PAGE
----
Navigenics and 23andMe issued an open, joint letter to Nature yesterday in response to an opinion article on direct-to-consumer genetic testing that appeared in the journal last month.
In that paper, senior author Craig Venter and his colleagues reported that they had found disparities in the risks reported for seven diseases when they compared Navigenics and 23andMe test results. The authors also offered a set of recommendations to improve such testing.
"Our companies agree with most of the recommendations," Navigenics and 23andMe wrote. "More work must be done to standardize markers used; to better explain the contribution of genetics to common, complex diseases; and to incorporate common genetic variants into clinical practice."
But while both companies supported many of the paper's recommendations, each felt the DTC test results and/or recommendations described in the article required clarification.
For instance, Navigenics noted that there are many ways to report genetic test results, making it difficult to precisely report the genetic contribution behind some disease markers. "[T]he call for such information must be put in context with currently implemented non-genetic risk communication," the authors wrote. "Clearly, risk communication has, and will continue to be, an important area of research for the community."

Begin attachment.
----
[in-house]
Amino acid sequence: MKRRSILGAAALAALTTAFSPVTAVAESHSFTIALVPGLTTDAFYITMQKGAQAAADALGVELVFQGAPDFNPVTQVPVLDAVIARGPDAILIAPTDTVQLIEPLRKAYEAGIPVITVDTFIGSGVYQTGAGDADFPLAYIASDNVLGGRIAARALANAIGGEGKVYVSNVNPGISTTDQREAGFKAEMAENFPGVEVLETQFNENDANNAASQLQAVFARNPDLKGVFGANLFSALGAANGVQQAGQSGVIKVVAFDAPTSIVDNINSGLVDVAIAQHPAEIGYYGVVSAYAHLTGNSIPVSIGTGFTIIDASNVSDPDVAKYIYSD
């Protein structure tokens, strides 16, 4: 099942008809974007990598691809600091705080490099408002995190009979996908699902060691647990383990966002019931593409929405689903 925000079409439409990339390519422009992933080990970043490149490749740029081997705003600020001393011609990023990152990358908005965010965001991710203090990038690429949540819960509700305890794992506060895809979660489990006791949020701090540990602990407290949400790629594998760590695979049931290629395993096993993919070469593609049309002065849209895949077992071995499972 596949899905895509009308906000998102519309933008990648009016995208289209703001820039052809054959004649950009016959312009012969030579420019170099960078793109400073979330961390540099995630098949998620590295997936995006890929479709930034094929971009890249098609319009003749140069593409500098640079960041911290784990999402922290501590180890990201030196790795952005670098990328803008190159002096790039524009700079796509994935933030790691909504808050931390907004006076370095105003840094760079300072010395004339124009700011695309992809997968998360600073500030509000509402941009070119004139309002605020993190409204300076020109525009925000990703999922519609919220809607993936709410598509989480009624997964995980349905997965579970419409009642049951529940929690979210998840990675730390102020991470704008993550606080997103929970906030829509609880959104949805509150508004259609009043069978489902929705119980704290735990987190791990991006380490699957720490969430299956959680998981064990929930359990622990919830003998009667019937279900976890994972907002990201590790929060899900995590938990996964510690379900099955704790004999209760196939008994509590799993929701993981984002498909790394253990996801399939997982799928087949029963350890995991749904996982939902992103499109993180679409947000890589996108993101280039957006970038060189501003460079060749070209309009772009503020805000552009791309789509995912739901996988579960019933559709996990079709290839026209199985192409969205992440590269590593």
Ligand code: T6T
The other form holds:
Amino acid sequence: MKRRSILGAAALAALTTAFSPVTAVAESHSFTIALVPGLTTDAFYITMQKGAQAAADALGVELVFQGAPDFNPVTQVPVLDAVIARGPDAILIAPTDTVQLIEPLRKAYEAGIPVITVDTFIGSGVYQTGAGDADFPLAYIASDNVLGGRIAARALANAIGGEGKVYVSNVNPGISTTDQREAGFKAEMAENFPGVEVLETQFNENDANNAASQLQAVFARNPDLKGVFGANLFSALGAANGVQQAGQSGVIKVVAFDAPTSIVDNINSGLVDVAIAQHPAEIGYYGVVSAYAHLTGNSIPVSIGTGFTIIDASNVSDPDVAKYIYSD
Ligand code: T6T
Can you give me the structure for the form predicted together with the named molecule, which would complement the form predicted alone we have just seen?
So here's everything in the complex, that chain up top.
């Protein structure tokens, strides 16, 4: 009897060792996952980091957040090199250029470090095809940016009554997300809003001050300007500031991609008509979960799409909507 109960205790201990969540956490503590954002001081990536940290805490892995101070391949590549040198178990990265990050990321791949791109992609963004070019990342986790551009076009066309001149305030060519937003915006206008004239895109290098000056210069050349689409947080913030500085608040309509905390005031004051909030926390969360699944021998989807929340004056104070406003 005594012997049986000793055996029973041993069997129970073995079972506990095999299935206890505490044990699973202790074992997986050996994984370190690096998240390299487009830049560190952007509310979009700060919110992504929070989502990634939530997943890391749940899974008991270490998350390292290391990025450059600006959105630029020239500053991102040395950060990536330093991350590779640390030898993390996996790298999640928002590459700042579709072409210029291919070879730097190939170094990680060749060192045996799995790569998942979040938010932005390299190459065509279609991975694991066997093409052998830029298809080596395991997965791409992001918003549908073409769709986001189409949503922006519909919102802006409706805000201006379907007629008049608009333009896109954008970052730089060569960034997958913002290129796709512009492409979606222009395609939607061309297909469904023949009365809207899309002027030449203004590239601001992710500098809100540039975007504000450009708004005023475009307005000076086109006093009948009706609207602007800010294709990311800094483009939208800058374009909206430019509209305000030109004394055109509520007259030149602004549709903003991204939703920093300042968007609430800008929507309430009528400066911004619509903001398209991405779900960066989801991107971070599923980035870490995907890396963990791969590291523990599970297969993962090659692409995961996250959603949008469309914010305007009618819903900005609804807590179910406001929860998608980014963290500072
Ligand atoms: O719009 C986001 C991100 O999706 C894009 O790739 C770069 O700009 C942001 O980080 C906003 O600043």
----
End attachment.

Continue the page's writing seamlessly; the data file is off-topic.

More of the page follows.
The company also pointed out that it is already incorporating some of the paper's recommendations into its service, including the notion that companies should not focus on results related to "less than average risk." Navigenics also highlighted its participation in studies aimed at understand the long-term behavioral consequences of learning genetic risk information.
Meanwhile, 23andMe argued that the authors of the opinion paper used a "somewhat restrictive" definition of average risk in their analysis, looking at risk increases or decreases of five percent or more compared to relative risk.
"While there is no scientific consensus on what magnitude of risk equates with 'meaningful' increased risk, one typically does not find relative risks less than 1.5 used today in clinical practice," 23andMe wrote. "Thus, it would have been more appropriate to perform the consistency comparison using a wider window for 'average risk.'"
23andMe also took exception to the way the researchers quantified the genetic contribution to disease, suggesting the methods used were more appropriate for population analyses than studies of individuals.
"[B]oth our companies thank [the authors] for their serious consideration of genomics and personalized medicine," the authors concluded. "We welcome further dialogue on how best to improve our offerings to the public."
Although the letter was intended for Nature's editor, both Navigenics and 23andMe noted that the journal did not publish the article "because of space restrictions." Consequently, the companies decided to post the letter on their web sites.